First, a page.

City dwellers cannot imagine life without electricity. Maybe, in Pakistan, they still can. At least, they know what it is like to have it and lose it. But, in no way, a comparison can be drawn with Sindh’s rural areas that present a sorry state in terms of infrastructure, literacy level and health facilities. Residents of most villages can see power lines run across the sky but, electricity remains an unachievable dream.
The government, economic managers and even think tanks will talk about economic development. Election candidates will promise basic necessities as they lure rural residents into their vote bank. But, a long-term, sustainable path to progress, taken through steps of spreading education and infrastructure, seems too long for a government not looking beyond its term of five years – which in most cases is actually less.
Where governments fail, private and social enterprises look to fill the void, sensing an opportunity to either make money or spread some goodwill along the way.
Eco Energy Finance, a social enterprise, is looking to meet that need through solar energy solutions, including solar lanterns – replacing the traditional lanterns run by kerosene – at a cost of Rs1,000. With the average monthly household income in Sindh’s rural areas hovering around the Rs15,000 mark, according to the Pakistan Bureau of Statistics, and a family that could go beyond 10 members, a Rs1,000 solar lantern proves beyond reach given cheaper alternatives are available. Here is where Eco Energy is looking to counter competition – providing installment packages to customers to increase affordability and sales.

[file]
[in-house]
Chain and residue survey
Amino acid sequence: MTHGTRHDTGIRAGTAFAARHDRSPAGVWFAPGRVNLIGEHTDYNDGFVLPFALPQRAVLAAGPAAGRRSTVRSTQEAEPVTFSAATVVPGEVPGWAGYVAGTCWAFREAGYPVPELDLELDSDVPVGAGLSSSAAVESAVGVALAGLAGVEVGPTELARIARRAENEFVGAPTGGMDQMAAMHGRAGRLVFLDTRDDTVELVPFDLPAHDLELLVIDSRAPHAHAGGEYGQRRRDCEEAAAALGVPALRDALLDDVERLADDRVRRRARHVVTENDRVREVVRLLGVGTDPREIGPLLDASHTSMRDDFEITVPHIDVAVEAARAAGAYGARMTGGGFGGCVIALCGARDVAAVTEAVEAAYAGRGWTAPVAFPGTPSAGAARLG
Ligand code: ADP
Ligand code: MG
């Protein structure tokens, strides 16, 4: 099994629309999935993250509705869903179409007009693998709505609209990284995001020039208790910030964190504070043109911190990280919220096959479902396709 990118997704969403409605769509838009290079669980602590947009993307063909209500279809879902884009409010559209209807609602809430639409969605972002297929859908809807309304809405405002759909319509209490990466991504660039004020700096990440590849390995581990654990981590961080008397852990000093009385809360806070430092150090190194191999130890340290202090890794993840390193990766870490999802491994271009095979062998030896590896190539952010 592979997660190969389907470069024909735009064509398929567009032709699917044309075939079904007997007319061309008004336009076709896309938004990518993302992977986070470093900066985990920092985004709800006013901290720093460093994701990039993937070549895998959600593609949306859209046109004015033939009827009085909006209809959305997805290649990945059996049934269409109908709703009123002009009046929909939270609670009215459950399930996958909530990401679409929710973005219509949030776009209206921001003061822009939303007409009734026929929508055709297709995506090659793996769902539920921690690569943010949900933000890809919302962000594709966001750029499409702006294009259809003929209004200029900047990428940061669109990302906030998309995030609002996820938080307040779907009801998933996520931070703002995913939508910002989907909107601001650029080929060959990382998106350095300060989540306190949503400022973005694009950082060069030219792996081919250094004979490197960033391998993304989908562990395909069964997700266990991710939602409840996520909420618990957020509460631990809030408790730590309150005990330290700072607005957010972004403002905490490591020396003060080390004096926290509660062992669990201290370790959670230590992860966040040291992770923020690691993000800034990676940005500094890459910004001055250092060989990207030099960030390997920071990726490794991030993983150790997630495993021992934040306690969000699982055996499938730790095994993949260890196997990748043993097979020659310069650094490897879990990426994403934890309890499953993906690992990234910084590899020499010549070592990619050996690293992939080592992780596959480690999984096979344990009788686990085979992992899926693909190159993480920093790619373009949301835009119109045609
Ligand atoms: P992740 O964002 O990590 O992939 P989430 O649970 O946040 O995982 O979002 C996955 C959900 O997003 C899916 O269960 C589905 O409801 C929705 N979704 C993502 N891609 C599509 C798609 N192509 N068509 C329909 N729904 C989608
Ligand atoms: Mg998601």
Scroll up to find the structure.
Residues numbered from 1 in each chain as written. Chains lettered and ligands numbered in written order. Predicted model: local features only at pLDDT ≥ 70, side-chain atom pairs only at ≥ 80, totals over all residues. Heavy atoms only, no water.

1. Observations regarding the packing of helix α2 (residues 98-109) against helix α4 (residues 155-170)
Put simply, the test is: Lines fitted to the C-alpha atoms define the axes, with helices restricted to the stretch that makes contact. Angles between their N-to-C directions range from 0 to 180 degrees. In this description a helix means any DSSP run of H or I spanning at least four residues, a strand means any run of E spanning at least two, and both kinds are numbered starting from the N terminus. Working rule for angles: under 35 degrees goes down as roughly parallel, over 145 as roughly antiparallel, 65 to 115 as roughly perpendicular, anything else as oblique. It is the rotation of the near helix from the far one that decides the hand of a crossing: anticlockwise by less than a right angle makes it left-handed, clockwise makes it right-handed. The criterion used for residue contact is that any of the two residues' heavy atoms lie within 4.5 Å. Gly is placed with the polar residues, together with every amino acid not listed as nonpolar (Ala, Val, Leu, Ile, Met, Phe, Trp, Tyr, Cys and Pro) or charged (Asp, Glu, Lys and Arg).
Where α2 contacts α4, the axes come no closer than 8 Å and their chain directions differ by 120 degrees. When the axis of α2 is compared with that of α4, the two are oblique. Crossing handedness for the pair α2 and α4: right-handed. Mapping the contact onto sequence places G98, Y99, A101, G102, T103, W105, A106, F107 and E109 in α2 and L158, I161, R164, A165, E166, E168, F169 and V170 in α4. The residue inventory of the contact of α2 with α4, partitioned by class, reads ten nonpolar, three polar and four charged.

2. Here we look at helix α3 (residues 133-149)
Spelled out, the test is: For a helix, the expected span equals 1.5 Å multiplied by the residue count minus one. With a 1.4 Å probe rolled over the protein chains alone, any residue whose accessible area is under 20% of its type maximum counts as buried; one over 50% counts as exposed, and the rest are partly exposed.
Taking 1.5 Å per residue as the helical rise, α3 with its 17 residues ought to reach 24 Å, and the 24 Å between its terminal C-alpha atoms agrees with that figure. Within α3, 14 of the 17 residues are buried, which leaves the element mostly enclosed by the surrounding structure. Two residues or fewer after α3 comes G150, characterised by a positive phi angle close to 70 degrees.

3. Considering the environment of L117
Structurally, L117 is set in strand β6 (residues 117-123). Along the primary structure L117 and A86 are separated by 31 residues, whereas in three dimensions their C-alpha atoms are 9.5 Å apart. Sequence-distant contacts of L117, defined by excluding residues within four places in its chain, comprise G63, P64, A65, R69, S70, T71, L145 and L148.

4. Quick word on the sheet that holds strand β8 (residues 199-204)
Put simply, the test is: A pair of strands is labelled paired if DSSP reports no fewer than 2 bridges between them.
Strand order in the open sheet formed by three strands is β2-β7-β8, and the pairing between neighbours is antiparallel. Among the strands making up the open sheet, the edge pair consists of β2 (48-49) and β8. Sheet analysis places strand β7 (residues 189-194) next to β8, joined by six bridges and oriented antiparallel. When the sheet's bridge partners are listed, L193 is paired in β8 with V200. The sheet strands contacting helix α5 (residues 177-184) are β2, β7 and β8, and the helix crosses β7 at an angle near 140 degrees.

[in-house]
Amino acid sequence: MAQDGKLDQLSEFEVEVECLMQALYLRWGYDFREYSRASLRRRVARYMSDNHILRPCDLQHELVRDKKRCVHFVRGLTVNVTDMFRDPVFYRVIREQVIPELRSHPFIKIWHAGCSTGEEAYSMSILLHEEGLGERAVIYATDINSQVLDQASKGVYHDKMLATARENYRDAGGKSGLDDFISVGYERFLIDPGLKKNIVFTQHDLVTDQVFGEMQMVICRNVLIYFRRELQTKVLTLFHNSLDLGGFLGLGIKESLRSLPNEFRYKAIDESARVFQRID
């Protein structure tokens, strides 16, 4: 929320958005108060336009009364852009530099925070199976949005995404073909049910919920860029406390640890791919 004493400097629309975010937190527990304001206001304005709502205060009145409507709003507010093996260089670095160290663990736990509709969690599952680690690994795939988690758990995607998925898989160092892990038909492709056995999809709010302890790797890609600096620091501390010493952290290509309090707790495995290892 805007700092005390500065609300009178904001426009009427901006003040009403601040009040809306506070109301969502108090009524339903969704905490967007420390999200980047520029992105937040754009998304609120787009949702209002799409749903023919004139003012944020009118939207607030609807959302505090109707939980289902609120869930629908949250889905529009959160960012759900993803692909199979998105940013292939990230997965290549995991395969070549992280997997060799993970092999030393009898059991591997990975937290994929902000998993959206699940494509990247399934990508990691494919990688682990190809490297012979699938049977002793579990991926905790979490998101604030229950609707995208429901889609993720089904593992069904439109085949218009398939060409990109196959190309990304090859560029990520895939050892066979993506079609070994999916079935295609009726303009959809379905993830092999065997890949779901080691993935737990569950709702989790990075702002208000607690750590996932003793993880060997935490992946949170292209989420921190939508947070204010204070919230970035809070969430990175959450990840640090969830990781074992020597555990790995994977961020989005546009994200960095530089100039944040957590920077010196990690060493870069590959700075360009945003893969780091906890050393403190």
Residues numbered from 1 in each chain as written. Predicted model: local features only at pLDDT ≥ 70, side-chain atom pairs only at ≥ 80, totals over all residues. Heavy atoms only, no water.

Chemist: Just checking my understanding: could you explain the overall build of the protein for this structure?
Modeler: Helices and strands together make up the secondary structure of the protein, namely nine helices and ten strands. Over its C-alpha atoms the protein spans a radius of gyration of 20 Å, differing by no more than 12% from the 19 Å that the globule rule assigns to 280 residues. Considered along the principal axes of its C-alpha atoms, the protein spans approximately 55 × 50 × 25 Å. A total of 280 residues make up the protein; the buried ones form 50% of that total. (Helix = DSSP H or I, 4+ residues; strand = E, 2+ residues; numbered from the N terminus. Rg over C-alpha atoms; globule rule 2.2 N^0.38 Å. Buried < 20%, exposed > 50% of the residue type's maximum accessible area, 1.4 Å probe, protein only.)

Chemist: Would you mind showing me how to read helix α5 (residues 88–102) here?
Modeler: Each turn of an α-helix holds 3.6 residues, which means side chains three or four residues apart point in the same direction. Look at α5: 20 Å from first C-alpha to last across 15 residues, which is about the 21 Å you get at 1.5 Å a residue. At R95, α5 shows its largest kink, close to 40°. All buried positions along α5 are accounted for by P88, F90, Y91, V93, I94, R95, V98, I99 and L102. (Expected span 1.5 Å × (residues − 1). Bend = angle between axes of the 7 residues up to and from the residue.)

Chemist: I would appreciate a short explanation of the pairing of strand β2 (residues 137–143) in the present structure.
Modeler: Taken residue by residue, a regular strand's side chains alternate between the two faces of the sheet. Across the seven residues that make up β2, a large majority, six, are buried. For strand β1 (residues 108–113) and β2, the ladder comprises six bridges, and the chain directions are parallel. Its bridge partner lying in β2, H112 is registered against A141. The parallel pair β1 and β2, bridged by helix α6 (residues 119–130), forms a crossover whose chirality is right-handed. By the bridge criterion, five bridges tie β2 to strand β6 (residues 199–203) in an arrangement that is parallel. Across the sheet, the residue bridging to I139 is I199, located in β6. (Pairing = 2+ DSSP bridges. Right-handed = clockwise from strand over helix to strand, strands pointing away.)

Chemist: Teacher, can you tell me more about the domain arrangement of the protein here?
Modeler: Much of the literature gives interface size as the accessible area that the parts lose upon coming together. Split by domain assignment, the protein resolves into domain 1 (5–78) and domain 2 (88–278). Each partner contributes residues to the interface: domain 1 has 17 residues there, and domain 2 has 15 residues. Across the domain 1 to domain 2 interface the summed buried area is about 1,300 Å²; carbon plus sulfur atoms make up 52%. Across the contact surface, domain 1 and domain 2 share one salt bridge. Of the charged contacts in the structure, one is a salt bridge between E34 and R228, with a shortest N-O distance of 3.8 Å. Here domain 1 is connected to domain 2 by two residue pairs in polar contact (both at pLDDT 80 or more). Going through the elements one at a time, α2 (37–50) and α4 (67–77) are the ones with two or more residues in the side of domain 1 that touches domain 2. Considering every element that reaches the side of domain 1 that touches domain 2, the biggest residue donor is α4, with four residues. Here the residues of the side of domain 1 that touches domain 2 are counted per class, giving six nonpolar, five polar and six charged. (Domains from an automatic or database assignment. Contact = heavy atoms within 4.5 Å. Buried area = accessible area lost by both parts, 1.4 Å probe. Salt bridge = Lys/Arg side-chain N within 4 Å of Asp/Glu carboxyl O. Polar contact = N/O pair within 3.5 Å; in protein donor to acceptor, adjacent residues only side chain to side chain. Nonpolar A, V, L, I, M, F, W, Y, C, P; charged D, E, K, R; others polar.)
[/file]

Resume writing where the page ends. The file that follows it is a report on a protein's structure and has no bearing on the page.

Around 70 million people lack access to the national grid with Sindh contributing its share to the unwanted statistic. Jeremy Higgs, co-founder and chief operating officer at Eco Energy, says there is a definite need for such solutions.
“We surveyed a shade under 2,000 villages and found that 80% of them have nine hours or less of electricity – around 35% of them are completely cut off from the national grid,” Higgs told The Express Tribune. “So, there is definitely a need.”
Products are diversified and include solar lanterns to a solar panel that can generate 50 watts of electricity that meets basic needs. A visit to the Sujawal district revealed that small business owners, including small eateries that offer tea and cookies only, have installed solar panels that cost them Rs3,000 per month. Those 50W are enough to power a small television, a fan and a small bulb – not more. But, this is an investment that lures residents who look towards it as a recreational activity – for them it is a luxury to be able to watch a live cricket match.
“We are not booking profits at the moment. The profit margin on solar lanterns is not high at all. It is the solar panels that enable us to make some amount of money,” said Higgs.
With 70% of its sales recorded on credit, it will be a while for Eco Energy to make money. Higgs said the entity is a social enterprise, “looking to make enough money to sustain its mission of making affordable clean energy accessible to the energy-poor of Pakistan”.
“We’ve also enabled mobile payments as a part of our collection system. Now, our distribution network charges customer and ‘fills credit’ in their solar lanterns through a mobile app.”
With financial inclusion a relatively unknown concept for rural Pakistan, mobile payment is an easier collection method.
Concentrating mostly in the southern part of Sindh, spreading its reach through distribution agents in various districts, Eco Energy is still gaining ground.
“We are in talks with the Sindh energy department and microfinance banks to facilitate the growth of our business as well as meet electricity needs of more people.”
THE WRITER IS A STAFF CORRESPONDENT
Published in The Express Tribune, March 9th, 2015.